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WHO Guidelines on Hand Hygiene in Health Care: First Global Patient Safety Challenge Clean Care Is Safer Care. Geneva: World Health Organization; 2009.

Cover of WHO Guidelines on Hand Hygiene in Health Care

WHO Guidelines on Hand Hygiene in Health Care: First Global Patient Safety Challenge Clean Care Is Safer Care.

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5Normal bacterial flora on hands

In 1938, Price63 established that bacteria recovered from the hands could be divided into two categories, namely resident or transient. The resident flora (resident microbiota) consists of microorganisms residing under the superficial cells of the stratum corneum and can also be found on the surface of the skin.64,65 Staphylococcus epidermidis is the dominant species,66 and oxacillin resistance is extraordinarily high, particularly among HCWs.67 Other resident bacteria include S. hominis and other coagulase-negative staphylococci, followed by coryneform bacteria (propionibacteria, corynebacteria, dermobacteria, and micrococci).68 Among fungi, the most common genus of the resident skin flora, when present, is Pityrosporum (Malassezia) spp.69. Resident flora has two main protective functions: microbial antagonism and the competition for nutrients in the ecosystem.70 In general, resident flora is less likely to be associated with infections, but may cause infections in sterile body cavities, the eyes, or on non-intact skin.71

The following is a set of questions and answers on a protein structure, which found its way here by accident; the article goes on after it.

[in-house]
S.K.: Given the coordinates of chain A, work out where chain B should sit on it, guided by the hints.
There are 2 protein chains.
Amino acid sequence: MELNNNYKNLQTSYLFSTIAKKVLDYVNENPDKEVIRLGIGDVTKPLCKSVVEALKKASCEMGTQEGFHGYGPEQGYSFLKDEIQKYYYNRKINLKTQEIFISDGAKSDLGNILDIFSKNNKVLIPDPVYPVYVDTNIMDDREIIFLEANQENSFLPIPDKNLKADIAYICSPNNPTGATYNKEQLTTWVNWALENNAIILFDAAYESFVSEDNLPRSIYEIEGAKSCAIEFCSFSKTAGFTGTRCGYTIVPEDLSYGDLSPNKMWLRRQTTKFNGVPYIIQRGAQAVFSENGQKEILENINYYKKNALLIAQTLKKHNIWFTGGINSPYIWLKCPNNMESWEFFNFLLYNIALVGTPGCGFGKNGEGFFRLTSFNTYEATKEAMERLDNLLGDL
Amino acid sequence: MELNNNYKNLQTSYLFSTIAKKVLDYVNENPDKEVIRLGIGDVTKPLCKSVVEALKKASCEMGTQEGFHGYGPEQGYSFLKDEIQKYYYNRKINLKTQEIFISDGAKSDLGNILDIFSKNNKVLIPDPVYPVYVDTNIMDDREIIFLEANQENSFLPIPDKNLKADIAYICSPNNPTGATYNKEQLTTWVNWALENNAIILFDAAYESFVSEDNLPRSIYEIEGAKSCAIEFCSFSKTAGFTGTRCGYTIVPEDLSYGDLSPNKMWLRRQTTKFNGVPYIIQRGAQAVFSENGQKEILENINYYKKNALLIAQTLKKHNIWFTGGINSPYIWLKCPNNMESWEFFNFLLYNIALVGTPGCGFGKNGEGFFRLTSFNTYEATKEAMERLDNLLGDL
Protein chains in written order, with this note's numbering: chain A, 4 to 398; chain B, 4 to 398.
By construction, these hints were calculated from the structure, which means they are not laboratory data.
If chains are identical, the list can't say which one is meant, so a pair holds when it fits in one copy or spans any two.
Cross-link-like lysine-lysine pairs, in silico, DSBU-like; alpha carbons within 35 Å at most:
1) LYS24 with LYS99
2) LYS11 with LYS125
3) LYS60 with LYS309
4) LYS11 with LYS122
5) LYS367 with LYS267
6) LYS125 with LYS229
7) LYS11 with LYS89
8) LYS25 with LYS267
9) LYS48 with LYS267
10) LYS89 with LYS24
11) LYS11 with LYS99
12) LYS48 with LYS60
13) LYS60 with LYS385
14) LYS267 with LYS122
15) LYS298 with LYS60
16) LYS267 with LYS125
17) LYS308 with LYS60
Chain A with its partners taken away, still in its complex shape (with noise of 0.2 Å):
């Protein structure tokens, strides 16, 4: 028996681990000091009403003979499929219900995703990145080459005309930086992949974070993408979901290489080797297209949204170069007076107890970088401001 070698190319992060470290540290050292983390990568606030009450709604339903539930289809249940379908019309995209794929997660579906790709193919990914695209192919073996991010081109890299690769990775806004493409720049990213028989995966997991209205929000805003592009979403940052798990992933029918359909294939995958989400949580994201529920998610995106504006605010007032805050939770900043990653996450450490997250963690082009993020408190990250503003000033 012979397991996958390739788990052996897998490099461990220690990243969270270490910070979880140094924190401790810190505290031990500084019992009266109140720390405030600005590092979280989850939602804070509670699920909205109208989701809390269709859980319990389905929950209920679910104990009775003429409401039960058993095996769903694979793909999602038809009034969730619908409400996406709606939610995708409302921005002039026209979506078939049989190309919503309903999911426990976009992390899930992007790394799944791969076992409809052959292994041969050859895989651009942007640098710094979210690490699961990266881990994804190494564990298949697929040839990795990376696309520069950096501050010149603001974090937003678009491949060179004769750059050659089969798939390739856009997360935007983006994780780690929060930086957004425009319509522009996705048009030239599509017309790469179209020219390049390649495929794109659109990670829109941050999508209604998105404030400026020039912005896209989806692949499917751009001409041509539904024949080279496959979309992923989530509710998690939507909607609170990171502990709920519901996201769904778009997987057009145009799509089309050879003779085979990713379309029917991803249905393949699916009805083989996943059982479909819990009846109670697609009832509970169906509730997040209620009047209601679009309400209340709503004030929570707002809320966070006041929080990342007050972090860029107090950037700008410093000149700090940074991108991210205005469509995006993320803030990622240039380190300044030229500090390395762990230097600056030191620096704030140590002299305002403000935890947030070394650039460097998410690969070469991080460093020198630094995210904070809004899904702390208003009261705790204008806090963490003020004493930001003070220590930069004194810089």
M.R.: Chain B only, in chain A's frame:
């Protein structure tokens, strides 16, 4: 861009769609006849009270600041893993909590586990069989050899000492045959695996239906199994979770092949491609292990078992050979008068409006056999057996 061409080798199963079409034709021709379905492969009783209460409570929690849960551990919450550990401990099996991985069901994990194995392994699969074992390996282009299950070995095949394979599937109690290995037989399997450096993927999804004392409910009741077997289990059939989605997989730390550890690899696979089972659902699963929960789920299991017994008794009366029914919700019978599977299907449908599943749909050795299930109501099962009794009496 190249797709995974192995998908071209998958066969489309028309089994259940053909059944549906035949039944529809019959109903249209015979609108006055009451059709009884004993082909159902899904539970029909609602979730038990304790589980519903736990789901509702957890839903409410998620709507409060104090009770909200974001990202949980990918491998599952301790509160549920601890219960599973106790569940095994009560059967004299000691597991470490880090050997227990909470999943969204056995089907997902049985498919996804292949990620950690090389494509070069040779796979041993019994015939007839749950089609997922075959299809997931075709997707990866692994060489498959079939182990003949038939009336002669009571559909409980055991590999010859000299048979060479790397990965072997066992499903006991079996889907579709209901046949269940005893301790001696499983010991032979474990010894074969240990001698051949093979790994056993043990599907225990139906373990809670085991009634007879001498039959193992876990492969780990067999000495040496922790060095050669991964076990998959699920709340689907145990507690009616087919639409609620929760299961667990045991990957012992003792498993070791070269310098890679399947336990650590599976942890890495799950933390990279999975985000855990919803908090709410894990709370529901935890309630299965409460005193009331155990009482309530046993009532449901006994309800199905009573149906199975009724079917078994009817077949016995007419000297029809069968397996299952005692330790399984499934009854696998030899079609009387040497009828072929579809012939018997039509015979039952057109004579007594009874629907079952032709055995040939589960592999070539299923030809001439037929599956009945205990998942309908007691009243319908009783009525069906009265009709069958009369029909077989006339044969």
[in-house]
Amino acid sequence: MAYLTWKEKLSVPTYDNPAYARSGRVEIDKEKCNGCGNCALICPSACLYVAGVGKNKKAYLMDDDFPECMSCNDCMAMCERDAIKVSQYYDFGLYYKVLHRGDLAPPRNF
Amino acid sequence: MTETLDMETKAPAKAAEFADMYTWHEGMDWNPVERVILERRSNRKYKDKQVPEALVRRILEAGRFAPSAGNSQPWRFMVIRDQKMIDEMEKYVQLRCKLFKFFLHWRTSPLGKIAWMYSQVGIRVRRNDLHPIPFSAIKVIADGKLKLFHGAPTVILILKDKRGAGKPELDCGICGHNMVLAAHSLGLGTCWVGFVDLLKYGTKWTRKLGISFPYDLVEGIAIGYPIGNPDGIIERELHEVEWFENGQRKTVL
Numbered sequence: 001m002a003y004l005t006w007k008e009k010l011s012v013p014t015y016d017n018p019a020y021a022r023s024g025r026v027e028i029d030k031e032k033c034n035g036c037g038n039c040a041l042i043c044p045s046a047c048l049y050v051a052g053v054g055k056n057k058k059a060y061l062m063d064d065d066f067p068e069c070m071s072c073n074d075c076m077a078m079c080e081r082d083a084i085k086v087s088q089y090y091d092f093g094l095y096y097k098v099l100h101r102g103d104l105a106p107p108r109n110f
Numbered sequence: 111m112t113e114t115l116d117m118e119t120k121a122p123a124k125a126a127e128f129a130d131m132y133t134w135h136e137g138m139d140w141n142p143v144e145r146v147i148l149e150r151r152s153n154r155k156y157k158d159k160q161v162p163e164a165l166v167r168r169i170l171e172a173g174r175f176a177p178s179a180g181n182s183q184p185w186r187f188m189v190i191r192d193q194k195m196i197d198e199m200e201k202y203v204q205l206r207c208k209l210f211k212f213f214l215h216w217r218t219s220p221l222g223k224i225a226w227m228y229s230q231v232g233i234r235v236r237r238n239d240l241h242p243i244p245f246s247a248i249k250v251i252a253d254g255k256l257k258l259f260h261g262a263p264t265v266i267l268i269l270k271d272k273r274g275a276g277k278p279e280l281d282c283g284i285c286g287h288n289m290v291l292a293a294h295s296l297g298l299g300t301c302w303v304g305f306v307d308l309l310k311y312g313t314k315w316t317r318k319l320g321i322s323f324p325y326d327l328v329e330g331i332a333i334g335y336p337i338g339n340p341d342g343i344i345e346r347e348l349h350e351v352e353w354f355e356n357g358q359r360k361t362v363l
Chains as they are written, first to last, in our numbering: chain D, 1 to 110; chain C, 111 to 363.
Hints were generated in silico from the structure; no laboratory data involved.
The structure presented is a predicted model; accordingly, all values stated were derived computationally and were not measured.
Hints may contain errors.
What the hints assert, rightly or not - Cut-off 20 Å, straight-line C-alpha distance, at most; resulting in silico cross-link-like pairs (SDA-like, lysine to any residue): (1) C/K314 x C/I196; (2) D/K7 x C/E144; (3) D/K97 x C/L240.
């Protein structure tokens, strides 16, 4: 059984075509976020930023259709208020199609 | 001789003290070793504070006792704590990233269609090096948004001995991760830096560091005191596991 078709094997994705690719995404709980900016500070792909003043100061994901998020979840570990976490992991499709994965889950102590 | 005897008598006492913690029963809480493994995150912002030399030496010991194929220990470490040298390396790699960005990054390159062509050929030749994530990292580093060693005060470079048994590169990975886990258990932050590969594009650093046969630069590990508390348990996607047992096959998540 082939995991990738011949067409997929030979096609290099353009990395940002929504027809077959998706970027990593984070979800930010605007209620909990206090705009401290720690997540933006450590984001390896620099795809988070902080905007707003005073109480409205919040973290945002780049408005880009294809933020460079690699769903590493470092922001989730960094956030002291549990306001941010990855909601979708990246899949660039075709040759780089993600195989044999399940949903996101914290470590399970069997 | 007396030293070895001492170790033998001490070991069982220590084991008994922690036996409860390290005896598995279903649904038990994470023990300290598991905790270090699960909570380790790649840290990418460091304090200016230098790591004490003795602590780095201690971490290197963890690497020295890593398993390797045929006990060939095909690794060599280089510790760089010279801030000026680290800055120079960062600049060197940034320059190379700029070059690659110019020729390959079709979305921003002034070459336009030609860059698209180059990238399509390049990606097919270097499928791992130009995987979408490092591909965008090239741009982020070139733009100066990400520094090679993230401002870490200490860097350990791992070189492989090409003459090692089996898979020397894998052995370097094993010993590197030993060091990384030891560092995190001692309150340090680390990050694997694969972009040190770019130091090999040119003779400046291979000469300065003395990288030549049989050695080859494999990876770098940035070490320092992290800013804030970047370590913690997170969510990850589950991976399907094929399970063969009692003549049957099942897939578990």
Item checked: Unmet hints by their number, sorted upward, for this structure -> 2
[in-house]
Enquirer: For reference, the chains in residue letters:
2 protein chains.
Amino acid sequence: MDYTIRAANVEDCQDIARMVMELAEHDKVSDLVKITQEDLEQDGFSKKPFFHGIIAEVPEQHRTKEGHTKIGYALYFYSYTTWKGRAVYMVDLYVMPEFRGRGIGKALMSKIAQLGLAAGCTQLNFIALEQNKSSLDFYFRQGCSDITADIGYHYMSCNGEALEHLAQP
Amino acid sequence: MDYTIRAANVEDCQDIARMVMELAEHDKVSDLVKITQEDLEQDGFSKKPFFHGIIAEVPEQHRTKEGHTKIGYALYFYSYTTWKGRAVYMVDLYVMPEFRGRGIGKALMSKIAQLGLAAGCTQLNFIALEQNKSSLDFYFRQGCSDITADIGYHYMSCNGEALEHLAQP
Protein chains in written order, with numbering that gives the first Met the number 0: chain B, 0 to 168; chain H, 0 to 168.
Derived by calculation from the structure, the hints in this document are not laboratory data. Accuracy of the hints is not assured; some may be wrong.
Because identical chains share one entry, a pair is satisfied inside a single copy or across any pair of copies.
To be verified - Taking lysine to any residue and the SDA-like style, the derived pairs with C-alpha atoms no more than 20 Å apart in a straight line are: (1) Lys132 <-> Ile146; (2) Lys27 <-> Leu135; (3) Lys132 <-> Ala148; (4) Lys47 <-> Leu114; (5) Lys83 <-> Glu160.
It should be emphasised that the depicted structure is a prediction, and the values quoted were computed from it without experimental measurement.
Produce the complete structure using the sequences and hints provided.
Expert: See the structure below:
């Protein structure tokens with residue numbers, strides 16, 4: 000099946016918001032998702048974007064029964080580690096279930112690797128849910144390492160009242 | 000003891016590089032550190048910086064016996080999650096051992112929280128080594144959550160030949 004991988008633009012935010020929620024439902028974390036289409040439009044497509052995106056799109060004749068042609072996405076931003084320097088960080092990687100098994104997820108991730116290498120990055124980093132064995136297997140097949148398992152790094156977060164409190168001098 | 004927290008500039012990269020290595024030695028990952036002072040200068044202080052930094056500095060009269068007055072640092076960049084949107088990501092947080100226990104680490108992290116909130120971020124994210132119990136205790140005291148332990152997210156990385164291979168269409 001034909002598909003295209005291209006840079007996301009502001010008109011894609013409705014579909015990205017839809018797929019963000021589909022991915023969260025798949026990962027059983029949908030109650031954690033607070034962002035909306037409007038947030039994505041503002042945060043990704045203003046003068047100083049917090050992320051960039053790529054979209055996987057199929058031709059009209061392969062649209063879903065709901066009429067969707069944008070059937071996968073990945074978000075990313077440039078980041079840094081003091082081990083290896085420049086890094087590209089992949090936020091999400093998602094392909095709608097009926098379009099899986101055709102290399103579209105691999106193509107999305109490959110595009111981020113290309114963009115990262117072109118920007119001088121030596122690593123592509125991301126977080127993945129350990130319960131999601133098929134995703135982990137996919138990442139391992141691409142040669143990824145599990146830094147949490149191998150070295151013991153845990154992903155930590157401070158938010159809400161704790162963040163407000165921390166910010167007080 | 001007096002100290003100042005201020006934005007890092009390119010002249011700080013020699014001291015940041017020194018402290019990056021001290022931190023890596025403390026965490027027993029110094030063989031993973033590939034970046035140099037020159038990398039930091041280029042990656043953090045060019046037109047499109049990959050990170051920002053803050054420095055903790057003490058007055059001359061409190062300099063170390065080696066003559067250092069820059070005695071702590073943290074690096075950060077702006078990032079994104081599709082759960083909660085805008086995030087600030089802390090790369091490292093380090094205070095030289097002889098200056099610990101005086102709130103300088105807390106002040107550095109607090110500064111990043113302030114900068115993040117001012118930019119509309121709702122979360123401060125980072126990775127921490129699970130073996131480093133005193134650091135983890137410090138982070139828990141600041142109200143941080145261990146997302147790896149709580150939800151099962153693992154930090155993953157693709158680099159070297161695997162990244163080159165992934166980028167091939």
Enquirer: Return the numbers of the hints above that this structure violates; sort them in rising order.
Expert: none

Transient flora (transient microbiota), which colonizes the superficial layers of the skin, is more amenable to removal by routine hand hygiene. Transient microorganisms do not usually multiply on the skin, but they survive and sporadically multiply on skin surface.70 They are often acquired by HCWs during direct contact with patients or contaminated environmental surfaces adjacent to the patient and are the organisms most frequently associated with HCAIs. Some types of contact during routine neonatal care are more frequently associated with higher levels of bacterial contamination of HCWs’ hands: respiratory secretions, nappy/diaper change, and direct skin contact.72,73 The transmissibility of transient flora depends on the species present, the number of microorganisms on the surface, and the skin moisture.74,75 The hands of some HCWs may become persistently colonized by pathogenic flora such as S. aureus, Gram-negative bacilli, or yeast.76

Normal human skin is colonized by bacteria, with total aerobic bacterial counts ranging from more than 1 × 106 colony forming units (CFU)/cm2 on the scalp, 5 × 105 CFUs/cm2 in the axilla, and 4 × 104 CFU/cm2 on the abdomen to 1 × 104 CFU/cm2 on the forearm.77 Total bacterial counts on the hands of HCWs have ranged from 3.9 × 104 to 4.6 × 106 CFU/cm2. 63,7880 Fingertip contamination ranged from 0 to 300 CFU when sampled by agar contact methods.72 Price and subsequent investigators documented that although the count of transient and resident flora varies considerably among individuals, it is often relatively constant for any given individual.63,81

Copyright © 2009, World Health Organization.

All rights reserved. Publications of the World Health Organization can be obtained from WHO Press, World Health Organization, 20 Avenue Appia, 1211 Geneva 27, Switzerland (tel.: +41 22 791 3264; fax: +41 22 791 4857; e-mail: tni.ohw@sredrokoob). Requests for permission to reproduce or translate WHO publications – whether for sale or for noncommercial distribution – should be addressed to WHO Press, at the above address (fax: +41 22 791 4806; e-mail: tni.ohw@snoissimrep).

Bookshelf ID: NBK144001


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